A Palestinian woman checks her balance via an automated teller machine (ATM) outside a bank in Gaza City, April 12, 2018. Photo: Reuters / Ibraheem Abu Mustafa.

The Palestinian Authority did not pay the salaries of its employees in Gaza this month, in a move that could threaten an already-faltering unity deal with its Islamist rivals, Hamas.

The failure to pay March’s salary round as scheduled on Tuesday prompted anger and suspicion in the economically-stricken Gaza Strip.

That suspicion was fueled by the fact that President Mahmoud Abbas’ Western-backed authority did pay the wages of its employees in the West Bank, which it controls.

The authority’s finance ministry in Ramallah said the payment delay in Gaza was because of “technical issues.”

On Thursday, frustrated workers disrupted work at two banks in Gaza and blocked the entrance to a third, witnesses said. They expressed doubt about the fate of their jobs, amid a long-running power struggle between Abbas and Hamas.

“We hope President Abbas will send our salaries. We have become beggars,” said 34-year-old Tamer Ghaben. “We are trying to keep out of jail because we are in debt to stores.”

Emad Baker, 46, said he spent most of the time outside his house to avoid being asked for money by his wife and 10 children. “Enough is enough … people are living through a tragedy,” said Baker.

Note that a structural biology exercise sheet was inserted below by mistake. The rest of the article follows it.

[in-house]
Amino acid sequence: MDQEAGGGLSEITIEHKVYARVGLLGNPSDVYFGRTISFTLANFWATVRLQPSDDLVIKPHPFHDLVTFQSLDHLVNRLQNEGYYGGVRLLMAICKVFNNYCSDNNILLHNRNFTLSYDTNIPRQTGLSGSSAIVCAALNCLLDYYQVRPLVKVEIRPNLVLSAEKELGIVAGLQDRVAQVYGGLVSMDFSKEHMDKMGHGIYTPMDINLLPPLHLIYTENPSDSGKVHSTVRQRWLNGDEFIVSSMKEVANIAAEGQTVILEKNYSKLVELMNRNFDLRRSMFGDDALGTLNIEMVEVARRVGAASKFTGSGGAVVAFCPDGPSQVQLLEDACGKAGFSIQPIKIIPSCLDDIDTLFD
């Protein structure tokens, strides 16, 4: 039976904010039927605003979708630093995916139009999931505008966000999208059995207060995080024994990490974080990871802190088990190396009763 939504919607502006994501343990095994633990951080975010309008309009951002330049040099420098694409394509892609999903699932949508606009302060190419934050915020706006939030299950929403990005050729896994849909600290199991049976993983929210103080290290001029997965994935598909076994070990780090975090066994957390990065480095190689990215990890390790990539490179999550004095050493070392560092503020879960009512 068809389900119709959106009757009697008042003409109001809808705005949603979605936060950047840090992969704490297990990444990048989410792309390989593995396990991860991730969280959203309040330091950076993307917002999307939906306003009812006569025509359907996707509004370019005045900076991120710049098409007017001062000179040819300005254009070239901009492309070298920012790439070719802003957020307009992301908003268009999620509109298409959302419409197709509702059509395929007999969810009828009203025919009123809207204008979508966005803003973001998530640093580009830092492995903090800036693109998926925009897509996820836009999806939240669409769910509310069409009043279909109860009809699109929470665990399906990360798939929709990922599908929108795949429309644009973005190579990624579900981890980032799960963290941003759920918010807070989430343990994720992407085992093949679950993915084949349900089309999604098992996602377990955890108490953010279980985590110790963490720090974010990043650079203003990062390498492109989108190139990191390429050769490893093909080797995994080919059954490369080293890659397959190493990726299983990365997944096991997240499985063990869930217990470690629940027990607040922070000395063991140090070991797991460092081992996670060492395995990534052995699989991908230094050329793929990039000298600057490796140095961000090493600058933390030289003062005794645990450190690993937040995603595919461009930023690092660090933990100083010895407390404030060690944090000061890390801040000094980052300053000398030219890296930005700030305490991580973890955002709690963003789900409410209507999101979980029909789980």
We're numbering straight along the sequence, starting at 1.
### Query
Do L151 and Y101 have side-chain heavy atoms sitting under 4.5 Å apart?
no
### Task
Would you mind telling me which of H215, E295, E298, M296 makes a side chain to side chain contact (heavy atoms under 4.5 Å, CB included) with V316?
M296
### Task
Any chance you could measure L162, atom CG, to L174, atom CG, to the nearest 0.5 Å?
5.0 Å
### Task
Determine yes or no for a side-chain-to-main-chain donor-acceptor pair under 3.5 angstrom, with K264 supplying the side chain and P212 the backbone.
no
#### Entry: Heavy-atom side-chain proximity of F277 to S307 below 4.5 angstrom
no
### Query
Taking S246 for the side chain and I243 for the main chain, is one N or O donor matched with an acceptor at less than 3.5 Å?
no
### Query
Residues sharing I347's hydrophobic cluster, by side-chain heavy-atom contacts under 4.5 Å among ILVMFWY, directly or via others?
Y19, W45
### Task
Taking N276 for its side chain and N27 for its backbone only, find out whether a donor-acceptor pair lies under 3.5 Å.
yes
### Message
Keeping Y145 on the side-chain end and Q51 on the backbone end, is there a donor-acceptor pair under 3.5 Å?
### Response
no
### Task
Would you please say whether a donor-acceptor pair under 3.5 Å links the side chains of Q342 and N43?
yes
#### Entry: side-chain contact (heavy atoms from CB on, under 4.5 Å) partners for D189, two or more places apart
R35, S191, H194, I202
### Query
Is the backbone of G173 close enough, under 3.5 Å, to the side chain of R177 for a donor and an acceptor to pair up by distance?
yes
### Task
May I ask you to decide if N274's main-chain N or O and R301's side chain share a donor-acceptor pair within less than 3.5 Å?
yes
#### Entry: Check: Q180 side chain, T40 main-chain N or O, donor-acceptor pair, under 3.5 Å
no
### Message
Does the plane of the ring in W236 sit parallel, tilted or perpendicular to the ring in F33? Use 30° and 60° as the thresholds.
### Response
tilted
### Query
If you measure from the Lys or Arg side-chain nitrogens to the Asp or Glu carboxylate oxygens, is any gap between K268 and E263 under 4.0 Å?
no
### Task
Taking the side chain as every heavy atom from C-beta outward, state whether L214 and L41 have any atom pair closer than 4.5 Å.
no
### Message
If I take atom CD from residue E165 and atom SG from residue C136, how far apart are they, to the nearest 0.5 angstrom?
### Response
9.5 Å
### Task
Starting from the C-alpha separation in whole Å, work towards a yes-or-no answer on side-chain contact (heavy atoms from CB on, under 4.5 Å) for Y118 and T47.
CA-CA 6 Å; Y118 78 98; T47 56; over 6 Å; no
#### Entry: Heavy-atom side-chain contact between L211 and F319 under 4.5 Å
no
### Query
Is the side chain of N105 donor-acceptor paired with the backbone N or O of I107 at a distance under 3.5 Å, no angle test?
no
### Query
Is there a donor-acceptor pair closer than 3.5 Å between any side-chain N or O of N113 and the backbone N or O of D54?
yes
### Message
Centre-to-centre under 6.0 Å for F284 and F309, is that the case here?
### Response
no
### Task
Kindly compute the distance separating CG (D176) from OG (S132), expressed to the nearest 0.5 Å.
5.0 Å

A year ago Abbas slashed the salaries of 60,000 employees of the Palestinian Authority in Gaza by 30 percent in an attempt to put pressure on Hamas, which seized control of Gaza in 2007, effectively creating two rival administrations in the Palestinian territories.

Several attempts at reconciliation, most recently in 2014, have failed to produce a power-sharing government, and analysts say Abbas is now trying to force a resolution.

In a recent attempt to salvage the new reconciliation deal Egypt’s chief of intelligence, Abbas Kamel, met Abbas in Ramallah.

Abbas insists that Hamas must give up security and administrative control of Gaza. “If they refuse we will not be responsible for what happens there,” Abbas told the leader of his own party, Fatah, on April 8.

Economists said the wage cuts would also shrink the tax revenue collected by Hamas — which it uses to pay the 40,000 employees it has hired in Gaza since 2007.

Hamas has for years been unable to secure full payment of its employees, especially after Egypt closed most smuggling tunnels into Gaza, depriving Hamas of tax that it collected on incoming goods.


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